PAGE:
Policy examples: strengthened U.S. foreign policy and diplomatic efforts related to freedom of speech in another country, better U.S. congressional policies or oversight to protect citizens and free speech related to social media, or clearer workplace or campus policies related to protest rights. There are many more! Competitors are welcome to discuss their policy ideas with Goldfarb staff and faculty advisors. Proposals were due by Wednesday, April 13, to [email protected]. A panel of faculty judges has since decided which proposals to move forward for the next stage as semi-finalists.
Winners will be selected primarily based on their presentation. You should be concise, organized, and specific with well-supported points. Be attentive to practical policy details. While you should not deviate significantly from the policy proposal already submitted, you are expected to refine and strengthen your policy points with additional research. We strongly recommend the use of visuals (i.e. PowerPoint) to enhance your talk. Presentations should be 5 minutes long, 7 minutes maximum. The faculty judges may ask presenters 1-2 questions after the presentation. Responses to questions should be no more than 2 minutes long.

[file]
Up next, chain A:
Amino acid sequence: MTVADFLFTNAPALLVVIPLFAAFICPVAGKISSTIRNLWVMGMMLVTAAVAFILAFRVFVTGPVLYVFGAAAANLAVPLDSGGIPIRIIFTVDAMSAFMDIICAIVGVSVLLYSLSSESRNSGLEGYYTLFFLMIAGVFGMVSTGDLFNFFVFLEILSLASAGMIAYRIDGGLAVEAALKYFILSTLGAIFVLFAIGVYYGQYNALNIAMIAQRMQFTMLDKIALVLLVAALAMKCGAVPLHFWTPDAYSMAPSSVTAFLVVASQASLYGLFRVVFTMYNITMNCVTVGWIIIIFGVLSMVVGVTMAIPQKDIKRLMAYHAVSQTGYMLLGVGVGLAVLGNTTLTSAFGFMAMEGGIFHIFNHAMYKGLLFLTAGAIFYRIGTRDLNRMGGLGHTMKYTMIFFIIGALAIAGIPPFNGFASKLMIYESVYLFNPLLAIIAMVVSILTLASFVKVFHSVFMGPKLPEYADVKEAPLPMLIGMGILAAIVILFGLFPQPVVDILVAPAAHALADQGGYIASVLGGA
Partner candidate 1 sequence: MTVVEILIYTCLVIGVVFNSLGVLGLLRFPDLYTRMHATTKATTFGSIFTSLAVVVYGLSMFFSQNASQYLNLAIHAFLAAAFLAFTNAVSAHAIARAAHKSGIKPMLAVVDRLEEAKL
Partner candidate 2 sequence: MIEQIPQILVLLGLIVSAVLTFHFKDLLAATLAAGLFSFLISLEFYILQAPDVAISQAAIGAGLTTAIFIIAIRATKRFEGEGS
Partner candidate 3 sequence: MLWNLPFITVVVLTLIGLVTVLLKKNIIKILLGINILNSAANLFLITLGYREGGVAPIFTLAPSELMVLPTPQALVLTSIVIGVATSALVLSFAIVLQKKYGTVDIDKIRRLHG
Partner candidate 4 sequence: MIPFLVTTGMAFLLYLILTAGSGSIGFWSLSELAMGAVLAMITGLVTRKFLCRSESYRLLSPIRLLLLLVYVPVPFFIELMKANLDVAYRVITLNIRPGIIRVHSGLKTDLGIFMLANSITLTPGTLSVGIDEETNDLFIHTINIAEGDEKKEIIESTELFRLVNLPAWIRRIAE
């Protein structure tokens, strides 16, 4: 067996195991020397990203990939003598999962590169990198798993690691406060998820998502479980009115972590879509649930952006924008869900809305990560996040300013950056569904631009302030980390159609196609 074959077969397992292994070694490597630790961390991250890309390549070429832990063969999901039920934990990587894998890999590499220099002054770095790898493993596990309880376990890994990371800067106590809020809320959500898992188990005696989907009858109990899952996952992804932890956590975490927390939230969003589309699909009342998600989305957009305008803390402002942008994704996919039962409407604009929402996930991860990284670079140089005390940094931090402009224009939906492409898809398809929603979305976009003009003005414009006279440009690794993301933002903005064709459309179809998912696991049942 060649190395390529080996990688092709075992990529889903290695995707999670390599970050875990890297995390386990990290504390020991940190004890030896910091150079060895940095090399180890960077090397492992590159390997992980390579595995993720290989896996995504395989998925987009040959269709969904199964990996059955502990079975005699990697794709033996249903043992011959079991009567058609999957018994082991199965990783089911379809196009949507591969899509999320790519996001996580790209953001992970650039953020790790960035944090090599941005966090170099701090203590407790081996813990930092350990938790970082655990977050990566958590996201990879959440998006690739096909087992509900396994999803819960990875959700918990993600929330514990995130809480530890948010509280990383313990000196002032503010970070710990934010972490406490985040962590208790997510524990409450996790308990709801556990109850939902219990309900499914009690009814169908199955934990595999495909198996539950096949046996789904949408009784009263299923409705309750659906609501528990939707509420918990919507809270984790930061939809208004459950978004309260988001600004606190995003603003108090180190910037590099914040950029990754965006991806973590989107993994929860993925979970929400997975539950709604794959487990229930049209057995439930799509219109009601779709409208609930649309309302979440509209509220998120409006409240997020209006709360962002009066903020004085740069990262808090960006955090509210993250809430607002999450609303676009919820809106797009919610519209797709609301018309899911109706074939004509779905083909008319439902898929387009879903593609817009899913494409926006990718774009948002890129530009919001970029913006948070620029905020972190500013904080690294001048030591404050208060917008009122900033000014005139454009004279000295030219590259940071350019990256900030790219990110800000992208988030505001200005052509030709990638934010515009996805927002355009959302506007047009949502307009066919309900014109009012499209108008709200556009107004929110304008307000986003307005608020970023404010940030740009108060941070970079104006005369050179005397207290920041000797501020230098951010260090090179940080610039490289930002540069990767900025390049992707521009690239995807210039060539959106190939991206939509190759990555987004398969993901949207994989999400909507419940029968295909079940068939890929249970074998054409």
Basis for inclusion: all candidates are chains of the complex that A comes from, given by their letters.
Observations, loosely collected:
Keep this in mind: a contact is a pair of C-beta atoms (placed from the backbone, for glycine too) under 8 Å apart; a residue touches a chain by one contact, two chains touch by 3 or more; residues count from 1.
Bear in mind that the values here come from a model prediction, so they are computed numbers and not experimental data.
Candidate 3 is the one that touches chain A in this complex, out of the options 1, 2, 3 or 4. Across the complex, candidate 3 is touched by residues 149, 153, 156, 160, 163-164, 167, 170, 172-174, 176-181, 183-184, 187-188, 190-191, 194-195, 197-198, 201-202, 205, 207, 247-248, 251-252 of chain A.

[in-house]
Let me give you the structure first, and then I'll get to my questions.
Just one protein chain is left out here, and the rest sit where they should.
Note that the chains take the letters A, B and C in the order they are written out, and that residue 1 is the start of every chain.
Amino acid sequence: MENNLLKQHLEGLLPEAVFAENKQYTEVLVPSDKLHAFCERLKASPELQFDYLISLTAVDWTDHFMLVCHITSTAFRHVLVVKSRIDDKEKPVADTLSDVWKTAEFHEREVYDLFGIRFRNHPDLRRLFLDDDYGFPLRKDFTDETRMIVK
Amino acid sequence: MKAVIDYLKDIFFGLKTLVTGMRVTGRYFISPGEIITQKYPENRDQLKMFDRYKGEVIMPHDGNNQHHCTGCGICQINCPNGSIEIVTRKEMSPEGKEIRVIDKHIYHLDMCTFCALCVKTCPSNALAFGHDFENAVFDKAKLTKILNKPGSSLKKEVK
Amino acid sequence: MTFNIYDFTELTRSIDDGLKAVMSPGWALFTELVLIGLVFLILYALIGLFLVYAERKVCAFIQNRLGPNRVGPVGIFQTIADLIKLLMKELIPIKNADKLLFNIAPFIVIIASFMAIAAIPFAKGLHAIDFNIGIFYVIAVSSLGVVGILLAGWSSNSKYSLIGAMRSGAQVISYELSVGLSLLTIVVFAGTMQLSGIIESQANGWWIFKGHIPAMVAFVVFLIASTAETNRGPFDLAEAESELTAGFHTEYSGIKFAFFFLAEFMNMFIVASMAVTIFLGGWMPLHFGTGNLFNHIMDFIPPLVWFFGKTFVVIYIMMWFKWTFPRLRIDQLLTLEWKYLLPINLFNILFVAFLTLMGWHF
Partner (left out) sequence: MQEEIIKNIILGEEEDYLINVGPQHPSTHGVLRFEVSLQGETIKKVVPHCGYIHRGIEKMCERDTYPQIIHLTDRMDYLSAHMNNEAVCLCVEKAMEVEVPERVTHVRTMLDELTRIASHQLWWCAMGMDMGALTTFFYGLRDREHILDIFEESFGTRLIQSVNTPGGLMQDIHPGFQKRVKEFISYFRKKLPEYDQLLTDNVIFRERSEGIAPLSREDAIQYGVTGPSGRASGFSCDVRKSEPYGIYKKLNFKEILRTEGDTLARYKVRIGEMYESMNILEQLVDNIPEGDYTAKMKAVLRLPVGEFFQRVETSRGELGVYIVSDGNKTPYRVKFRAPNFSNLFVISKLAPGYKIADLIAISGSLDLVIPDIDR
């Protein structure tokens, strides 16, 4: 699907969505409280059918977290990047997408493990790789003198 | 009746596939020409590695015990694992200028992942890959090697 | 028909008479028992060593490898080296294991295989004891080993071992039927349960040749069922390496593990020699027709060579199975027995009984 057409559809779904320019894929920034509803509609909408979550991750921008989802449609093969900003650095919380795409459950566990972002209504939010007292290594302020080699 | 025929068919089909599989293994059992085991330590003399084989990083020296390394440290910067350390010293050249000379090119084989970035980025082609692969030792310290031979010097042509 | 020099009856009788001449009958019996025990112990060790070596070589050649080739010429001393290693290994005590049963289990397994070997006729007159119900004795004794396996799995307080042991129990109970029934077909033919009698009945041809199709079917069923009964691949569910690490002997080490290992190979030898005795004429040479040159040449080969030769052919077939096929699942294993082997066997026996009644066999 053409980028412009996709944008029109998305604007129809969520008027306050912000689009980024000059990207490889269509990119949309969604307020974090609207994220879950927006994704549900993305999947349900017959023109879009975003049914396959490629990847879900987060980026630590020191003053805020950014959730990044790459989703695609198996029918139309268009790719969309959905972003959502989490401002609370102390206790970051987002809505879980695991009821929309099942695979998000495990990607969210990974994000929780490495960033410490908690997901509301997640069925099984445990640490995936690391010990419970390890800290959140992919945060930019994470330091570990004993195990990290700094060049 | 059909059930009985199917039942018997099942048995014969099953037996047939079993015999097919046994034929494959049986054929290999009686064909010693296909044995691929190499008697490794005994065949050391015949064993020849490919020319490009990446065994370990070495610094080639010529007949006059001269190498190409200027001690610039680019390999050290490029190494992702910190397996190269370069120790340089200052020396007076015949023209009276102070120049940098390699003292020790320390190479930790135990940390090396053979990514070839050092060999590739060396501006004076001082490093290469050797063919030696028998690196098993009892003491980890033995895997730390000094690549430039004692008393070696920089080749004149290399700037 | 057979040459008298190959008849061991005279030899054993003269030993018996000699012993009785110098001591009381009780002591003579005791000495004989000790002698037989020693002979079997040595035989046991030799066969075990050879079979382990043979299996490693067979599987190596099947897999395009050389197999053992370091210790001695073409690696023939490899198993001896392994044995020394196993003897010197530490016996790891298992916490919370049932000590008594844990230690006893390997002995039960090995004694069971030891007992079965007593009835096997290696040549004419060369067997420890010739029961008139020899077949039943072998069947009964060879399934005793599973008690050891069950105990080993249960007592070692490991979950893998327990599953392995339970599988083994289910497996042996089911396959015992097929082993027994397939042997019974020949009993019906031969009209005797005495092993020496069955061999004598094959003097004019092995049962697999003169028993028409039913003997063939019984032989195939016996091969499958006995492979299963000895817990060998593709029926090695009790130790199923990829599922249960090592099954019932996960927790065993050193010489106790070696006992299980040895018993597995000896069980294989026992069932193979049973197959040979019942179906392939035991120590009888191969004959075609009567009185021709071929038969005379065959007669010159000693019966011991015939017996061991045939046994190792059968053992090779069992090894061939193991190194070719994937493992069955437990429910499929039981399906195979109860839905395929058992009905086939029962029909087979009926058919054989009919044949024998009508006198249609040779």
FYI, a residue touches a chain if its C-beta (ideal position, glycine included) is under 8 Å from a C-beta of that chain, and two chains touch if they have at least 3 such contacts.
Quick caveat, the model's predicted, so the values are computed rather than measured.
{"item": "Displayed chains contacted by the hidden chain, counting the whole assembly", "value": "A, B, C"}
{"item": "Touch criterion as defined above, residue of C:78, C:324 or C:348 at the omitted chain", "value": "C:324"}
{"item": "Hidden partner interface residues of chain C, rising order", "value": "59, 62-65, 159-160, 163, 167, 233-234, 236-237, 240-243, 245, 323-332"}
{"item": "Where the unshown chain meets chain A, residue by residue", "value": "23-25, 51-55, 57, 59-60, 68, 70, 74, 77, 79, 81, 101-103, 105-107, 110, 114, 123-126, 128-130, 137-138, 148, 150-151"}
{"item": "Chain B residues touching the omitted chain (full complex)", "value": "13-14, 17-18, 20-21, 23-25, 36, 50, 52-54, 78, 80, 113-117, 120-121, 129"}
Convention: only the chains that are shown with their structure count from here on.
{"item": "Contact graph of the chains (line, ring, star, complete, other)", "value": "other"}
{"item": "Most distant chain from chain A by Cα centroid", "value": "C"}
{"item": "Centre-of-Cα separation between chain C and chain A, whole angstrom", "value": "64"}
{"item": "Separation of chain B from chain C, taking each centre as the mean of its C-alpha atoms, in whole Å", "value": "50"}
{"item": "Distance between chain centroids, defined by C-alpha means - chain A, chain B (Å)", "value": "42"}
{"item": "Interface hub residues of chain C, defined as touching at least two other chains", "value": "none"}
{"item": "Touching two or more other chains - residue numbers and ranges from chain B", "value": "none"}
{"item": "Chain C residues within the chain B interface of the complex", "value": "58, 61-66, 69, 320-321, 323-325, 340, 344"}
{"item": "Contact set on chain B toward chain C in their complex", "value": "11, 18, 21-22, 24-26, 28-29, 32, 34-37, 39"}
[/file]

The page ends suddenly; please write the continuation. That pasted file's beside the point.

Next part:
The faculty judging panel will select the winners using the following criteria:
The annual theme for 2021-22 was Freedom of Speech. In April 2022, eight student semi-finalists presented their policy proposals on Freedom of Speech. Topics ranged from Free Speech at Colby: Problems and Recommendations, to Enhancing Freedom of the Press in the United States.
The winners were decided by a faculty panel, which included Professors Christel Kesler, Aaron Hanlon , and Jin Goh, all members of the Goldfarb Faculty Advisory Committee. The top prize went to Serena Klebba ’25 for her work on Freely Informing Consent: A Pland to Change Mandated Pre-Abortion Counseling, second place went to Amir Jiru ’24 and Chris Ward ’24 who teamed up to focus on Misinfo Ed: Addressing Social Media Misinformation Through Education, and third place was awarded to Anna doRosario ’25 for her compelling thoughts on A Turning Point: Time for an “FDA for Tech”. You can watch the symposium and presentations here
The annual theme for 2020-21 was the U.S. criminal justice system and racial inequalities. In April 2021, six student semi-finalists presented their policy proposals on how to reform the U.S. criminal justice system to achieve racial justice. Topics ranged from marijuana decriminalization to the prison-industrial complex to predictive policing tools and more.